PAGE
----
In March of this year, the SF Bay Water Quality Control Board asked their staff to bring back an enforcement order against Caltrans for the agency’s multi-year failure to clean trash from Bay Area highways before it pollutes local creeks and the Bay. Despite this clear and urgent direction, an enforcement order has yet to be presented. That’s why close to 80 local elected officials sent a letter to the Board last week urging them to take action immediately and demand cleaner highways for our region and the Bay.  


Bay Area voters showed again this week that we understand climate change is upon us, and we will invest to keep our communities and San Francisco Bay safe and healthy. In fact, we are ahead of voters in other parts of California – and that meant some mixed results on priority ballot measures endorsed by Save The Bay Action Fund. Your votes made a big impact in this election, producing victories on most ballot measures in our Bay Smart Voter Guide, which benefit San Francisco Bay’s people and wildlife in a time of rapid climate change. Together, we passed measures …


Those who commute in San Mateo County know how bad the traffic is. If you’ve driven through the 101-92 interchange recently, you know something needs to be done to relieve congestion and improve commute time. To achieve this, we must not only fund highway projects, but also enhance public transit options, support alternative modes of transportation, and connect high-quality transit to affordable housing. Measure W will do just that by raising $2.4 billion over 30 years for projects that will take thousands of cars off of highways every day, fix potholes and maintain streets throughout the County, and make it …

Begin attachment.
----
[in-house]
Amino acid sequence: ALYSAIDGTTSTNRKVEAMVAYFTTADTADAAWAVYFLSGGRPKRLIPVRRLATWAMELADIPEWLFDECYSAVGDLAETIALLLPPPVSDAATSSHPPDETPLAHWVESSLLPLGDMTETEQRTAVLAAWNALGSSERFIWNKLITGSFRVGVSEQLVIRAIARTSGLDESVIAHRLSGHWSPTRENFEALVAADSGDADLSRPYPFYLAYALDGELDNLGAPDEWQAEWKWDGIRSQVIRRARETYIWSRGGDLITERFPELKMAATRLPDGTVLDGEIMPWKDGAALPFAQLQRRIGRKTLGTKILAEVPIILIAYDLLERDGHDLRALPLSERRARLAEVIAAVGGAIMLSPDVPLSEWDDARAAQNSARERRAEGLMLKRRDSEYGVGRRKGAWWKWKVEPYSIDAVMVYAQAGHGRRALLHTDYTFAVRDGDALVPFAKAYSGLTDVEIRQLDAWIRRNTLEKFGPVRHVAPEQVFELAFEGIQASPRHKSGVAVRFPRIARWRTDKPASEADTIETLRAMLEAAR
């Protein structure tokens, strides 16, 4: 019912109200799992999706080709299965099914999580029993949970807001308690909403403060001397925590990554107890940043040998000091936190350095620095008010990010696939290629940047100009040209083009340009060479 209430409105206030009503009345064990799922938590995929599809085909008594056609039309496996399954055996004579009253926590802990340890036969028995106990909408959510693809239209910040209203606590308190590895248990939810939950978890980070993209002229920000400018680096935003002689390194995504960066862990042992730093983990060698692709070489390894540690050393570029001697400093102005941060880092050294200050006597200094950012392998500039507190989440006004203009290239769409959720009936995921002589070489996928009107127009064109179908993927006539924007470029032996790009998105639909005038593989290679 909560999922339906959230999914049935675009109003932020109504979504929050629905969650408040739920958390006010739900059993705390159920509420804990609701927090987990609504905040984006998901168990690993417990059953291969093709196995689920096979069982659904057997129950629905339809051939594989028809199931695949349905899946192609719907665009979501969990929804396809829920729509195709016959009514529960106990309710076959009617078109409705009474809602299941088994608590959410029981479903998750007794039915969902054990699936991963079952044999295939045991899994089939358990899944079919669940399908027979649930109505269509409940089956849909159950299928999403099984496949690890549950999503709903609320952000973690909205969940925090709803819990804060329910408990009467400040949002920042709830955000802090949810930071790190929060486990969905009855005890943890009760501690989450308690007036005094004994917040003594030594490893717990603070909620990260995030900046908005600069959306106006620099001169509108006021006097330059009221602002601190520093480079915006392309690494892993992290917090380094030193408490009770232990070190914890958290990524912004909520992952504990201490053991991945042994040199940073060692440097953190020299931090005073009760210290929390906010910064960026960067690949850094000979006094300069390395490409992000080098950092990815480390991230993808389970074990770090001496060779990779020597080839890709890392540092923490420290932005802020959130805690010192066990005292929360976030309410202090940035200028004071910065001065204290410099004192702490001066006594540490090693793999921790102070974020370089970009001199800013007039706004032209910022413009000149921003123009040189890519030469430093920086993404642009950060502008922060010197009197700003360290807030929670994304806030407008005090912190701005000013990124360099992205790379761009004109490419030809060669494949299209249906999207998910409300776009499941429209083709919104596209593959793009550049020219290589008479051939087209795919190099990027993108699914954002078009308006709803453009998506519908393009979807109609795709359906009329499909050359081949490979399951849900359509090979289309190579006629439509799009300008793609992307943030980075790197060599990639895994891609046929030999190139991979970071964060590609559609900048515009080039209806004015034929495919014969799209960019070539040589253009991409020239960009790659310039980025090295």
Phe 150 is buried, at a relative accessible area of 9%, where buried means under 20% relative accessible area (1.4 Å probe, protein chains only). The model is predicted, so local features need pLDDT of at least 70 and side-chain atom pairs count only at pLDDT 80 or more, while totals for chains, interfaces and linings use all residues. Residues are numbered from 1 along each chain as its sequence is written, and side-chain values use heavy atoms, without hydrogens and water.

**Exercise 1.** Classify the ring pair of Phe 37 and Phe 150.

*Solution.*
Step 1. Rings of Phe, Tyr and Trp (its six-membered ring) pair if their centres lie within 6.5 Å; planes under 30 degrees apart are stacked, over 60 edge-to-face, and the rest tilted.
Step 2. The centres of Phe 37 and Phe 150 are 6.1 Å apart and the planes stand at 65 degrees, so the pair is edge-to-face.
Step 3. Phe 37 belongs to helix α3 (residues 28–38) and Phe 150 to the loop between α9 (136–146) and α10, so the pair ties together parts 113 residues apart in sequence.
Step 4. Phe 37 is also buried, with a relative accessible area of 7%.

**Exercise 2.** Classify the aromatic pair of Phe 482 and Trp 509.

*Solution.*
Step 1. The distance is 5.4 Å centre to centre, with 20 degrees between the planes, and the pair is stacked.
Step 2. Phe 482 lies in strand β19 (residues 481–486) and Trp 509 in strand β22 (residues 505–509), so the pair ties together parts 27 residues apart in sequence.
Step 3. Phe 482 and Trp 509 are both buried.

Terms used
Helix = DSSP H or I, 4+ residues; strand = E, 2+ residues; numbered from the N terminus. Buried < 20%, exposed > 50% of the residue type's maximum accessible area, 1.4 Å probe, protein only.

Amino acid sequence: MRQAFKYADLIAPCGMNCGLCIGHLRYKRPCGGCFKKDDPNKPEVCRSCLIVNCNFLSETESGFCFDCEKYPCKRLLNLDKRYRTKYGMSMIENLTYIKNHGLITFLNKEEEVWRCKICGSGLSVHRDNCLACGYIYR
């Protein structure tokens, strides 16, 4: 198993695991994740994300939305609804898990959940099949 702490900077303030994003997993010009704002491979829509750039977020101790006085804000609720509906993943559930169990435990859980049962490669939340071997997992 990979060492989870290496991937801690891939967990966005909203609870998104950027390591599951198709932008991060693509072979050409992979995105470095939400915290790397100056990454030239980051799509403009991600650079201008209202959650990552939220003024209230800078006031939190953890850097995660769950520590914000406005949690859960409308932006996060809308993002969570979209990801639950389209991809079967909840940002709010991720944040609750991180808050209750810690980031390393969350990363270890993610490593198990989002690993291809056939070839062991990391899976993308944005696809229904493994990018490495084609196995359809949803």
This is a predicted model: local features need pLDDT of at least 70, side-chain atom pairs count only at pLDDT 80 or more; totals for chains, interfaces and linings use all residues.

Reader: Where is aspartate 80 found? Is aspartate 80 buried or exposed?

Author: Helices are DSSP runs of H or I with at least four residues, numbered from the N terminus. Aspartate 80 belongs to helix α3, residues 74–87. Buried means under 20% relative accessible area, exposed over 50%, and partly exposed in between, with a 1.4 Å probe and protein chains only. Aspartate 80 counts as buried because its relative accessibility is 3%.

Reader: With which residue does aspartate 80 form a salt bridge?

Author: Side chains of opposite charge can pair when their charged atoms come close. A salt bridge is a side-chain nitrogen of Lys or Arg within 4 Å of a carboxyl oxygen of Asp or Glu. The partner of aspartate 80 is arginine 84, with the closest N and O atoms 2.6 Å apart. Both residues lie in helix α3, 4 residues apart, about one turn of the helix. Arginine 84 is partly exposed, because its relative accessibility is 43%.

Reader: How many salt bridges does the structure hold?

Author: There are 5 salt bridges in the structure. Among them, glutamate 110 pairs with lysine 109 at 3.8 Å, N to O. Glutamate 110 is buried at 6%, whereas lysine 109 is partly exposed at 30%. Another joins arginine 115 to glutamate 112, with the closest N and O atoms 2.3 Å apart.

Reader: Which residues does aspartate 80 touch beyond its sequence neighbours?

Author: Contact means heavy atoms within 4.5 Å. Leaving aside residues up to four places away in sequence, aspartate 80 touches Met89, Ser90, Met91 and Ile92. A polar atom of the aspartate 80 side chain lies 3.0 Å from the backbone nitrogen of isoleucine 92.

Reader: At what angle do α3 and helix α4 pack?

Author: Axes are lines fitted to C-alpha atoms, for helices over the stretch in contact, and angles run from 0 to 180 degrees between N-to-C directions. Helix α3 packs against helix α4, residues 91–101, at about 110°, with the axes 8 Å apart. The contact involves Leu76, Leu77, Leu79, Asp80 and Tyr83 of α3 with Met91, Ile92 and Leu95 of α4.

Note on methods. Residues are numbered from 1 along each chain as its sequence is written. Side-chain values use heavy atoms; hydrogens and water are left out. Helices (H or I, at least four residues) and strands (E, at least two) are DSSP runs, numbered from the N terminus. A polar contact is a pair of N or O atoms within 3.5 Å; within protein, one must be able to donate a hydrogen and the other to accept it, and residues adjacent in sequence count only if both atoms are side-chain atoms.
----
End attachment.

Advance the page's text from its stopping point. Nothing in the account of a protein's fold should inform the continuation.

Improvements and upgrades to Bay Area roads and public transit are decades overdue. Not only does this outdated, inefficient, and crumbling infrastructure impact our daily lives—especially for those traveling from the outskirts of our region—it threatens the health of the Bay. We need to invest in our transportation infrastructure to protect the Bay and improve quality of life in our region. But Proposition 6 will do the opposite by eliminating more than $700 million in statewide investments in public transit, road and bridge repairs, and initiatives to increase bicycle and pedestrian mobility.


As San Jose grows and becomes more expensive, too many hardworking families are being forced out of the city they love. San Jose needs housing to reduce the hours and hours of time workers spend commuting. Affordable housing can reduce commute times and help decrease emissions that lead to pollution and contribute to climate change. Measure V authorizes $450 million of general obligation bonds to acquire, construct and complete affordable housing in San Jose. Alleviating the critical shortage of affordable housing is essential to creating Bay Smart Communities that improve Bay Area sustainability. Measure V will produce and preserve housing …